Mobility Management


Key Messages

As regards the Alpine regions, the special landscape conditions distinguish this region from others. The various natural barriers lead to specific small scale differences in accessibility. The environmental resources emphasize the external effects of transport infrastructure more than in other regions. What is needed are small-scale solutions and low-traffic regional planning policies. In this light, the findings for the Alpine regions can be summarised as follows:
  • As regards accessibility the Alpine regions in general benefit from their location in the centre of Europe. The European Transport Policy will not change this situation in the next two decades fundamentally.
  • Within the Alpine region wide disparities do exist. In the next decades, the fundamental regional distribution of accessibility will remain, but few nodal areas will benefit by the development of high speed rail systems in a significant way.
  • The next phase of infrastructure and transport cost development will favour the nodal areas and strengthen the regions with already existing high accessibility. Only few Alpine regions will profit from this development.
  • Against this background most, of the supra regional Trans European Network / EU Transport Infrastructure Needs Assessment (1, 8)-projects are not a matter of priority for the Alpine regions as regards regional development. The emphasis should be put on the inner regional connections, feeder systems or links to the nodal points and the development of the existing infrastructure in an environmentally and socially sustainable manner.
  • On the local level more and stronger regulatory instruments of spatial and regional planning are needed for the guidance of the interrelation between transport system and spatial structure in a targeted way (for example prevention of shopping centres, sprawl, new settlements without public transport).
  • For peripheral regions simply expanding transport connections can aggravate the problems due to increased competition with strong regions. This is why it is important to learn from those regions which enjoy a positive regional economical development in spite of an unfavourable accessibility.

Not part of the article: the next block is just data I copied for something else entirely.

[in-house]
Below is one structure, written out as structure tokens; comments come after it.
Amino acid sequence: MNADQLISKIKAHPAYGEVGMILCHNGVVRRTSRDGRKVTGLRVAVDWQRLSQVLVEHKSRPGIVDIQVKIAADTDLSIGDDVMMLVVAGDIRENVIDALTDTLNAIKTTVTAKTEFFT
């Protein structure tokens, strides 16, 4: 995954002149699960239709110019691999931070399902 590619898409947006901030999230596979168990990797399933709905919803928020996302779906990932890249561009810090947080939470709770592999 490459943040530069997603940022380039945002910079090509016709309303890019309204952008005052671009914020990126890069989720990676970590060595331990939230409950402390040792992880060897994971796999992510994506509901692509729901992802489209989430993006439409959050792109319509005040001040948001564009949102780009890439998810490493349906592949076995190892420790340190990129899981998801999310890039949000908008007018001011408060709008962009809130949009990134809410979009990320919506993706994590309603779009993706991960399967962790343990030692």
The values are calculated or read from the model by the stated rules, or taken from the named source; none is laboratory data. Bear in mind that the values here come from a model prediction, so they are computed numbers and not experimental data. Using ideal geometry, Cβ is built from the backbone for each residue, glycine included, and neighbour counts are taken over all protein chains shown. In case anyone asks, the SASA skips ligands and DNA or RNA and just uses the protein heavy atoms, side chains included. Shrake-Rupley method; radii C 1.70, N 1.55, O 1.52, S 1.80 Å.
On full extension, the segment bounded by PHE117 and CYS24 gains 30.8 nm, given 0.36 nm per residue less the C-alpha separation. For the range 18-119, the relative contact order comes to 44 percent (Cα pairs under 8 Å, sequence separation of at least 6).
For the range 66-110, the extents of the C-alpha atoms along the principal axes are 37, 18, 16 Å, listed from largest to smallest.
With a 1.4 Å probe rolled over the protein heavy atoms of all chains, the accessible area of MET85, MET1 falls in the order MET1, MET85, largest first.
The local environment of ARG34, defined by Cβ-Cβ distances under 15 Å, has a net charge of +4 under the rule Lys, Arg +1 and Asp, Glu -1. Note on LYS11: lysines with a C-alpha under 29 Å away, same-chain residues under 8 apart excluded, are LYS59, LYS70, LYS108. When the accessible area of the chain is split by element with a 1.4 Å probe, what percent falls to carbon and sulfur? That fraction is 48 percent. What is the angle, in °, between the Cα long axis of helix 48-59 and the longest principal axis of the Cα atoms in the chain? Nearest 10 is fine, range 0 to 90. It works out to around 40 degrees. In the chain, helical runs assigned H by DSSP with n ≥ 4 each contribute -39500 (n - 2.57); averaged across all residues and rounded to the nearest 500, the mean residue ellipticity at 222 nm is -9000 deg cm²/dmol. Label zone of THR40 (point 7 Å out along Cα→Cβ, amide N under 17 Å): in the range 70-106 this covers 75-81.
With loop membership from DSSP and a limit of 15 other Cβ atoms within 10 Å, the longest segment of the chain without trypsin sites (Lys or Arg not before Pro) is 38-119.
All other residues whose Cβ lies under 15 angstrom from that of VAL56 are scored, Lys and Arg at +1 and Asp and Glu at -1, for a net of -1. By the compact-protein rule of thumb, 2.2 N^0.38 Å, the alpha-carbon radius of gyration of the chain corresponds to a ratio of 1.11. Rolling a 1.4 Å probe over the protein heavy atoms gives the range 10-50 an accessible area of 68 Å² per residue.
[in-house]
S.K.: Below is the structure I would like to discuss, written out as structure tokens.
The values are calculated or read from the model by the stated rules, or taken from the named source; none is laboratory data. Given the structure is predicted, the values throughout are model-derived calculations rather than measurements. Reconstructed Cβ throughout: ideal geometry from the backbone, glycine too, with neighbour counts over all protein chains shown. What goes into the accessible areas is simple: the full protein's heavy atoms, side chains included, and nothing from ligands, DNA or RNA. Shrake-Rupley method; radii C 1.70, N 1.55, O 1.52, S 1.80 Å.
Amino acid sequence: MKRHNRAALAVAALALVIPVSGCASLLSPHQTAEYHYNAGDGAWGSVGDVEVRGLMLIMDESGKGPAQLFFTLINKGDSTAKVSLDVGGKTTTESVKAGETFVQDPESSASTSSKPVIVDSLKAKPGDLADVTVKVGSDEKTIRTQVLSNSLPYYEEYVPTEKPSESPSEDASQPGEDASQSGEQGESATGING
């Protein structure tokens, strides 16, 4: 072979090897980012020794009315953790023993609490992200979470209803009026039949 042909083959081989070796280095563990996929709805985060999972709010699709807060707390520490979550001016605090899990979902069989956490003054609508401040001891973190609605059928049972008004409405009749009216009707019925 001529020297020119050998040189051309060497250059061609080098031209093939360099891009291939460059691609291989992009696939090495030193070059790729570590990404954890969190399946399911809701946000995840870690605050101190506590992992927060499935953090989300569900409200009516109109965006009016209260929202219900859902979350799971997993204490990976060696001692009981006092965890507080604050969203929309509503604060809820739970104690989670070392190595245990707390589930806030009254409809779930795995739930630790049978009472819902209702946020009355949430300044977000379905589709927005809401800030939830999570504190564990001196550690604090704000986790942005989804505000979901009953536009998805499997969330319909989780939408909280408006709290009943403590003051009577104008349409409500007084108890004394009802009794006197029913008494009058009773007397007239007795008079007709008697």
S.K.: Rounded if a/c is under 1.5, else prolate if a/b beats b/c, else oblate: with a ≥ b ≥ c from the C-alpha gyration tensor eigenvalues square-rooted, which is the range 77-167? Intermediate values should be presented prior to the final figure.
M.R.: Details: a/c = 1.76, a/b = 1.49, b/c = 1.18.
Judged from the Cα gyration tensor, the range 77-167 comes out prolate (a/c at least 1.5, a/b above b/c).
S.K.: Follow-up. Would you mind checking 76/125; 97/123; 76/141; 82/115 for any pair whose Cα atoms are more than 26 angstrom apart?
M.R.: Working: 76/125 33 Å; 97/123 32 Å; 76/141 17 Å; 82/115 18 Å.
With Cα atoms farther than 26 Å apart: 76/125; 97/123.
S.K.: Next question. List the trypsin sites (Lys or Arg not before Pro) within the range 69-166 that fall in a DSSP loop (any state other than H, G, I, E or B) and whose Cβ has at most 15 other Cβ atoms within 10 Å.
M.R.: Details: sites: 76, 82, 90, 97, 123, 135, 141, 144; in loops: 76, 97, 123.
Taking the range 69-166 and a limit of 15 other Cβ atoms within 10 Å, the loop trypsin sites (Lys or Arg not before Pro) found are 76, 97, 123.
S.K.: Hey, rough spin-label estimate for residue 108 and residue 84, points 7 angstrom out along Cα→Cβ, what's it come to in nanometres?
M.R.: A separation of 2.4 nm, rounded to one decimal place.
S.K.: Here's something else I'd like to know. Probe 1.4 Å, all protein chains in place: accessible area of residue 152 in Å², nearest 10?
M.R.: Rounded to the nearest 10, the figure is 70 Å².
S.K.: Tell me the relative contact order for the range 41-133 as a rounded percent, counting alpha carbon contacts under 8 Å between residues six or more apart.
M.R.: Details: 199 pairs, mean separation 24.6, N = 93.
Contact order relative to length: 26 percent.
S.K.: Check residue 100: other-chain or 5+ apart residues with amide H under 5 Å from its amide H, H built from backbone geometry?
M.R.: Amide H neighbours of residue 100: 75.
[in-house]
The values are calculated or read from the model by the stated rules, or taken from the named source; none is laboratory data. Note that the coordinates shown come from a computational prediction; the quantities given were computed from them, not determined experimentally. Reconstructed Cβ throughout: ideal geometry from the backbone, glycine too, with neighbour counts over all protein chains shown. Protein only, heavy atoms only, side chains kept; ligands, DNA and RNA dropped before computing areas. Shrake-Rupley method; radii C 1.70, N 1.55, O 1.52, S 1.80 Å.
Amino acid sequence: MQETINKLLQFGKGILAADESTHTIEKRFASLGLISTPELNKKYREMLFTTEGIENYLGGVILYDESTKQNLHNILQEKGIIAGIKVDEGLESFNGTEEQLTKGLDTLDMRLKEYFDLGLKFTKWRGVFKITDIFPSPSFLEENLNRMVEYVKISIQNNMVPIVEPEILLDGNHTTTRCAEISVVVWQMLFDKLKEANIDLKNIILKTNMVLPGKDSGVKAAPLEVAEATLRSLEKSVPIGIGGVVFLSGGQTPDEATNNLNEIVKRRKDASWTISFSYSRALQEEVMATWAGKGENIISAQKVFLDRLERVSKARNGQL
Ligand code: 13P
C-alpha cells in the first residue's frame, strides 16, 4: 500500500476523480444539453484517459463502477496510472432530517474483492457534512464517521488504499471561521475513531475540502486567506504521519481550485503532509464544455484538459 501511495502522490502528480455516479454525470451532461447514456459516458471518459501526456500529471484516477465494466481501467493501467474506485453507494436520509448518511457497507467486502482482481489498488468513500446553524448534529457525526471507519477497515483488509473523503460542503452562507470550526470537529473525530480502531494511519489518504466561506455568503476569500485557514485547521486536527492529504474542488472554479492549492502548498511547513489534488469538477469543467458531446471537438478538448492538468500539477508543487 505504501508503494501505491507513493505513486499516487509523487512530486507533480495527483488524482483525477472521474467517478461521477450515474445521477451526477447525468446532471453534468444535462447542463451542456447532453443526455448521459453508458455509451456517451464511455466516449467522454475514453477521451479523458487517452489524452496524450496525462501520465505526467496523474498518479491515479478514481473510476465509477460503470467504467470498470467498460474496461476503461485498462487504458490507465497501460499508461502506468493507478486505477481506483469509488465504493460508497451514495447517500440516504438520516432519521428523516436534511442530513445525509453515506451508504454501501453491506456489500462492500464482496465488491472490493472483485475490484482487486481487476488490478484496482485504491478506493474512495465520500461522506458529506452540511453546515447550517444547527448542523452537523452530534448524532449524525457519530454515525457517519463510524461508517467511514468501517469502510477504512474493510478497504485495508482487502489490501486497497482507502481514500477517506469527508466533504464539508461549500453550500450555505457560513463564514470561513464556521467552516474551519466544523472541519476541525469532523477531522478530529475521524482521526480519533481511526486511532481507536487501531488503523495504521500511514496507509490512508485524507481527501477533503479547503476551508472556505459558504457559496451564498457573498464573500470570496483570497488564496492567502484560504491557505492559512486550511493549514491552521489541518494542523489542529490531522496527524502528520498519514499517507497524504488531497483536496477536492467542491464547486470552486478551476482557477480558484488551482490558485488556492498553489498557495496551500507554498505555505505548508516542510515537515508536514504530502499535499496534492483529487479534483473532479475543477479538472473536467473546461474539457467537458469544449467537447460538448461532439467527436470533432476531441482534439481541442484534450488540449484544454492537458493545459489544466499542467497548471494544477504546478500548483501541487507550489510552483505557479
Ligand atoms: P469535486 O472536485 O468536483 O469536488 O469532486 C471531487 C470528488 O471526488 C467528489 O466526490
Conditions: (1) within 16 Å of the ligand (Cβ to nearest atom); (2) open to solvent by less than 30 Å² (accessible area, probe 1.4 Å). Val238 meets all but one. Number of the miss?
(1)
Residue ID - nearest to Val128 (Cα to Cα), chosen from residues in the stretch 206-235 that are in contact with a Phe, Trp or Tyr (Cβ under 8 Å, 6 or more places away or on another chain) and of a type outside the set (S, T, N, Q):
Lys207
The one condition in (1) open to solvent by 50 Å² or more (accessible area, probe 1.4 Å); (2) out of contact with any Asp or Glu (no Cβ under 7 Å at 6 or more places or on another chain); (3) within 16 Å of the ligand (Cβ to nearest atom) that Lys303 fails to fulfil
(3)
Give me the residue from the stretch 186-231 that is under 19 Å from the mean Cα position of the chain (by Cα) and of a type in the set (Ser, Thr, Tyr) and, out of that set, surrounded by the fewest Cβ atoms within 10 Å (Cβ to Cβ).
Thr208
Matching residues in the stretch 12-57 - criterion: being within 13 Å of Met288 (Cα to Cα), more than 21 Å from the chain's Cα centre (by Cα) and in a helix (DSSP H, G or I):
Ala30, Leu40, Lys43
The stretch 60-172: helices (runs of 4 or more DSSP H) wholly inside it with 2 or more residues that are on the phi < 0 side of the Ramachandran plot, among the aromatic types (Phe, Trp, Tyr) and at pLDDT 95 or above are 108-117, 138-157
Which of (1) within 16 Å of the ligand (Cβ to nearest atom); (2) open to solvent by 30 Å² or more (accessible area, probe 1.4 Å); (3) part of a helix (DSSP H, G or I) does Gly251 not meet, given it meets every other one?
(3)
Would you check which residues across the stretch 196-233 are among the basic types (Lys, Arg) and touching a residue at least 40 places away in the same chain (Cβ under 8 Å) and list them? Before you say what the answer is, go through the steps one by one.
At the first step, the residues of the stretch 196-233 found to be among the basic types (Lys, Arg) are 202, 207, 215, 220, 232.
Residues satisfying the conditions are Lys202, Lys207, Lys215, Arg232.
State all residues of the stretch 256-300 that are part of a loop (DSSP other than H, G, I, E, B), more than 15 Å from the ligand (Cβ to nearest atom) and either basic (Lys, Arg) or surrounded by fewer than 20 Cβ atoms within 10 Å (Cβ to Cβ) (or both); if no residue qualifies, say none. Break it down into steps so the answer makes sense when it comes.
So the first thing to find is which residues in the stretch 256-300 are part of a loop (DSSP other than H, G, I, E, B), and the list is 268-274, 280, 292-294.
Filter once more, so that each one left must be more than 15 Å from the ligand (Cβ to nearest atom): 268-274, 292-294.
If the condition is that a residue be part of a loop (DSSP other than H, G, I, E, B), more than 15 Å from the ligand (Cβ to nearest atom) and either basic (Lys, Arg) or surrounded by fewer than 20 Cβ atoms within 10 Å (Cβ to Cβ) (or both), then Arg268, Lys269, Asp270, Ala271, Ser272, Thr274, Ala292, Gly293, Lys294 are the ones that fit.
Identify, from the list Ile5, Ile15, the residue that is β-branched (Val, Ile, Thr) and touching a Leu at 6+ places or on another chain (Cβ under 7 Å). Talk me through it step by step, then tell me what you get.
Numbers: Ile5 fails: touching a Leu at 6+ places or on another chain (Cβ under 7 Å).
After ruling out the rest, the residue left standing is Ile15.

• Regional development depends less on supranational projects than on inner regional transport solutions and regional planning policies which contribute towards ensuring that jobs, shopping, leisure and cultural facilities and utilities are accessible even in peripheral regions. Politicians and planners need a better set of policy instruments for transport and regional planning to put paid to uncontrolled development and the indiscriminate construction of shopping malls in open countryside.
  • In this context transport and spatial policies in the Alps should focus on the distributional effects and the external costs of the transport system, reorganisation of public services to ensure just and reasonable accessibility.
In terms of accessibility, there are wide disparities in the Alpine arc. In Switzerland, there is generally an excellent public transporation system, from which also tourism benefits widely (Source: L. ULRICH).
How can we respond to the killer argument "Improvement of the regional performance by infrastructure development to survive in global competition of location"?

In the light of the recent theoretical and empirical findings a case by case assessment is needed. Demanding for answers to the following questions is recommended:
  • Is there a need for existing companies for new infrastructure projects?
  • Might the new infrastructure lead to growing competition for the local companies? Is it possible, that existing small companies will be eliminated by more competition and that in consequence workplaces or services will decrease or not be provided in the region anymore?
  • Is the new infrastructure able to attract new companies? Are there any studies, which can prove this? What are the experiences in comparable regions, which are endowed with such an infrastructure already?
  • What are the opportunity costs of the infrastructure investment? How would the locals spend the money, if they could decide on it? Are the better options to spend such an amount of money?
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